As you can see, having the same language on both sides actually does matter. Not only is it a more convenient solution (usually), but it also speeds up the development process.

To start with Node.js, PayPal used it for some prototyping at first. Node proved to be extremely proficient, so they decided to try it on production. The first adopter of the new technology at PayPal was the account overview page, one of the most trafficked apps on the website. That’s a big step, isn’t it? They did, however, mitigate the risk by building an equivalent application in Java. If something went wrong with the Node.js app, they could still go back to Java.

A team of 5 Java developers started working on the app in January, while two months later a smaller team of 2 developers started working on the Node.js application. In early June both teams found themselves in the same place: both applications had the same functionalities.

What were the results?

The Node.js app was:

  • built almost twice as fast with fewer people,
  • written in 33% fewer lines of code,
  • constructed with 40% fewer files.

That’s not all, though. The development was more efficient, sure, but there were also some improvements in the performance.

Node.js and Java

There are a couple of things worth noticing:

Compared to the Java app, the Node.js equivalent had double the requests per second. What’s more, PayPal got their initial performance results using a single core for the Node.js app and 5 cores. At that time, they stated that they were expecting to increase that divide further.

Average response time for the same page was decreased by 35%. That meant pages were served 200ms faster.

Netflix

In 2015, Netflix started migrating their architecture to Node.js. Prior to this decision, Netflix used to be a monolith application with 40-minute startup times, slow builds, and huge developer machines. This situation was affecting the team’s productivity and ability to move quickly. Additionally, they used to run Java on the server-side and JavaScript on the client-side. They had to do a lot of things twice: they had to write everything separately for the server and for the client. There were also two ways of doing things such as debugging, data access, rendering… In short: it was quite a complicated process. Netflix was looking for a solution to simplify their stack since their web application layer was doing too much: it was very complex and had a lot of business logic, it was doing a lot of data access. They wanted to make it simple and also turn more to a single page application.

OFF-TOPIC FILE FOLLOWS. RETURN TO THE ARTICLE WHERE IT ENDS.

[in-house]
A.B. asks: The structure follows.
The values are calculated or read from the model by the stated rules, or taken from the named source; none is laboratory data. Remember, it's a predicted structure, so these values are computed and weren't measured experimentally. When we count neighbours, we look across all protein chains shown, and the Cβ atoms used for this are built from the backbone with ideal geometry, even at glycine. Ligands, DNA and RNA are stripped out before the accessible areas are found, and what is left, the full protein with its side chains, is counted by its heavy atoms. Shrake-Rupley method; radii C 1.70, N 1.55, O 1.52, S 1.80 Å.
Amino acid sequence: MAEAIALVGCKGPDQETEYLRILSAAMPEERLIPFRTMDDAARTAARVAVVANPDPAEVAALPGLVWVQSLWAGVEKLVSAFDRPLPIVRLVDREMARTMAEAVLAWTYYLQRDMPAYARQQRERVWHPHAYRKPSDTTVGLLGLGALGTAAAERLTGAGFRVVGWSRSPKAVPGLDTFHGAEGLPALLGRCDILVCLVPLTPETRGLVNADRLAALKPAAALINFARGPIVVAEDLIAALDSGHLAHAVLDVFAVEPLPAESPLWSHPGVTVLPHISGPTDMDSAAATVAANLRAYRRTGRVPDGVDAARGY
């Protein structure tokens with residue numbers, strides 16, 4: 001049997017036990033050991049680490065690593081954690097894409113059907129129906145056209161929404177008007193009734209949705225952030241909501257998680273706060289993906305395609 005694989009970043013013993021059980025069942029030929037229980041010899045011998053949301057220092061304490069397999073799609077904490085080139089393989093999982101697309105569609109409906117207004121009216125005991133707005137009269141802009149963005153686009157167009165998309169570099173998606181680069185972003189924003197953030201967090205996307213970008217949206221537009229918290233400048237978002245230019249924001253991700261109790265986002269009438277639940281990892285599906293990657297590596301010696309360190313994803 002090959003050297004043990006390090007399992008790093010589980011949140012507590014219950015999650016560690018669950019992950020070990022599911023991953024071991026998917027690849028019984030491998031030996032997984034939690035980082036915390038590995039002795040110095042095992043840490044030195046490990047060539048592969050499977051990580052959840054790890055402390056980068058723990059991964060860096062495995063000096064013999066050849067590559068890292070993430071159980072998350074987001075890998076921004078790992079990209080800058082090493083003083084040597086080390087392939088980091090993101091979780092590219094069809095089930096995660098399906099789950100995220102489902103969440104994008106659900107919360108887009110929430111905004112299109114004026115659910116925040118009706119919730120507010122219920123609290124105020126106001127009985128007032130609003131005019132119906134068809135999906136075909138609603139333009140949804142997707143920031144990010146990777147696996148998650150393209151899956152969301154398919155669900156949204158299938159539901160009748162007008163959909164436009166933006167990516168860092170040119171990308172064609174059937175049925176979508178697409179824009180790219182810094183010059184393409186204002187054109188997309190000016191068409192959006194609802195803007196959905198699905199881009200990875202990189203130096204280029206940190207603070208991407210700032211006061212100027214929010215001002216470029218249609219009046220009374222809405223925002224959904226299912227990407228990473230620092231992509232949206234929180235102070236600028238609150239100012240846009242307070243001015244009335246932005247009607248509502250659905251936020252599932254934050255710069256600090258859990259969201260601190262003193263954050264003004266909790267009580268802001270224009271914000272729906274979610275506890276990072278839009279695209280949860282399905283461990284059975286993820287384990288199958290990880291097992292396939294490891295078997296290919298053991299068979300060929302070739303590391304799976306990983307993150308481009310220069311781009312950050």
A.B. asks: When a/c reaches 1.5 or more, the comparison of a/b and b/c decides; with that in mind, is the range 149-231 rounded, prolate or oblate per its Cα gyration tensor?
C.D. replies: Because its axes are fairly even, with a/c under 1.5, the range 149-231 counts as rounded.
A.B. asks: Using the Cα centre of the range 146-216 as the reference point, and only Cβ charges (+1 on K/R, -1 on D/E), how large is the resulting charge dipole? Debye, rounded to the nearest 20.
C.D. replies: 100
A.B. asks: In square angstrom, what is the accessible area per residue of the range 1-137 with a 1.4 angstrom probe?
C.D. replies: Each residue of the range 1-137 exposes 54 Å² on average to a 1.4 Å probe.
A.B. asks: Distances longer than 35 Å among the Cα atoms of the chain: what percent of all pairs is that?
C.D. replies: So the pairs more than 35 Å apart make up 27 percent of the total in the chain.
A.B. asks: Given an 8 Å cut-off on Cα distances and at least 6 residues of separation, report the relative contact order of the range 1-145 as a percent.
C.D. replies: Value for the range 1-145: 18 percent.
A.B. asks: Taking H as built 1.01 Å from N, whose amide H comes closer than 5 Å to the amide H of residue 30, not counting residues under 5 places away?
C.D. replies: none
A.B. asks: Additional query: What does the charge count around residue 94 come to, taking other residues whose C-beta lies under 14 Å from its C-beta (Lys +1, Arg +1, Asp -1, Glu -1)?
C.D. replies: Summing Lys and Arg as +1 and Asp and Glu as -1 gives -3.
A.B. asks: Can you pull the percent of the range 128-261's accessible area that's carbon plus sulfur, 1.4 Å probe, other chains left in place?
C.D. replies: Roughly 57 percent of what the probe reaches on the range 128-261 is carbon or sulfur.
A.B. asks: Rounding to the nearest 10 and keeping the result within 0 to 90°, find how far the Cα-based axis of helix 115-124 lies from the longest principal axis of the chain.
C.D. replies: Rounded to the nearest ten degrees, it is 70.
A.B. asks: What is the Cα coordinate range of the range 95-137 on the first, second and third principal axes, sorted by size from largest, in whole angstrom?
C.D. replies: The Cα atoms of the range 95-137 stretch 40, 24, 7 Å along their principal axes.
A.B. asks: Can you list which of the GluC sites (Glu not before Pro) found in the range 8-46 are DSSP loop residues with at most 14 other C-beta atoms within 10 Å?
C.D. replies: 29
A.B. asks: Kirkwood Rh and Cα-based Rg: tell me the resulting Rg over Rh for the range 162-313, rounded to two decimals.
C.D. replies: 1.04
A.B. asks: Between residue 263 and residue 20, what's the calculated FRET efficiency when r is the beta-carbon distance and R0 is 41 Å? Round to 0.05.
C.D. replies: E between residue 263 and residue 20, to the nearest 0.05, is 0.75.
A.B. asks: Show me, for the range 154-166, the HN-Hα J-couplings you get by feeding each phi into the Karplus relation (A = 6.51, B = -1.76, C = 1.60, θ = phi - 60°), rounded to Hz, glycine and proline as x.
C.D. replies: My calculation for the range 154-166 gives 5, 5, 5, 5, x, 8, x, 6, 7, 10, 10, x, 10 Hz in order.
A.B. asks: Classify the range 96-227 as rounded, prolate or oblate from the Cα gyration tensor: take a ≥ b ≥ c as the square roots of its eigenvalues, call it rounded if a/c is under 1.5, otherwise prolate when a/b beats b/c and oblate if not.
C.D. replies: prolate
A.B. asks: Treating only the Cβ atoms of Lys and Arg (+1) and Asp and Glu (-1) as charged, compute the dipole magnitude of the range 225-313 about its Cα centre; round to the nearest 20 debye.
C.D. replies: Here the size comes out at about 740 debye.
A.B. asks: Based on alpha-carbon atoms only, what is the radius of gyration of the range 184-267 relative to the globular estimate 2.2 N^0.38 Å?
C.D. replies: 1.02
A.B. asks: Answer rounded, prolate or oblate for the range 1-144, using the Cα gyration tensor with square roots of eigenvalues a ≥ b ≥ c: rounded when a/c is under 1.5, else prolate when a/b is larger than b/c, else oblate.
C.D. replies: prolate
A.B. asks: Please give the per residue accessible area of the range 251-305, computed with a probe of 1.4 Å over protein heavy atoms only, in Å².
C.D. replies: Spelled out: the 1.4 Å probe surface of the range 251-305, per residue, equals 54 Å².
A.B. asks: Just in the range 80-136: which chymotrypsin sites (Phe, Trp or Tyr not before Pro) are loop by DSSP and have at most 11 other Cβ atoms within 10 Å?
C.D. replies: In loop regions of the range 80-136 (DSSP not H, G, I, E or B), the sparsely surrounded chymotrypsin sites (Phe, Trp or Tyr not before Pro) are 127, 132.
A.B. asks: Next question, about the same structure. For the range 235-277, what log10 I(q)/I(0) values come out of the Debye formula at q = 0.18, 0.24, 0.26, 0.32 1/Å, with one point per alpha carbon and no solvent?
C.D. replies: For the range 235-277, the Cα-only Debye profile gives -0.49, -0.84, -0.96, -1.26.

Why did they choose Node.js? There are a few reasons, number one being having one common programming language. It was important for Netflix’s team to be able to write the code once and be able to run it everywhere instead of having to do everything twice. Another important factor was the performance of Node.js. Node being non-blocking and async appealed to Netflix as they were hoping to improve the performance. And it worked. From the initial 40-minute startup time they went to less than a minute.

Node.js users

Who can benefit from Node.js?

OK, Netflix and PayPal succeeded, but can you count on such benefits as well? The answer is: yes. Obviously, no technology choice guarantees the success of your product as there’s much more to it than its technology stack. The technology can, however, contribute to this success.

Node.js is a solution that’s lightweight, fast, and scalable. It’s performant and efficient – it handles multiple requests at the same time and, as PayPal showed, it doesn’t use as many resources. It’s more time- and cost-efficient to handle the traffic of your application. Node.js can be used for a variety of cases: web application backend (APIs), data intensive real-time applications, serverless applications. It’s both an effective solution for startups to speed up and simplify the development, and a mature enough environment that can be used by enterprises.

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Kaja Polachowska

Communication specialist in love with the English language. A people person who loves to learn about others. An avid reader of paper books.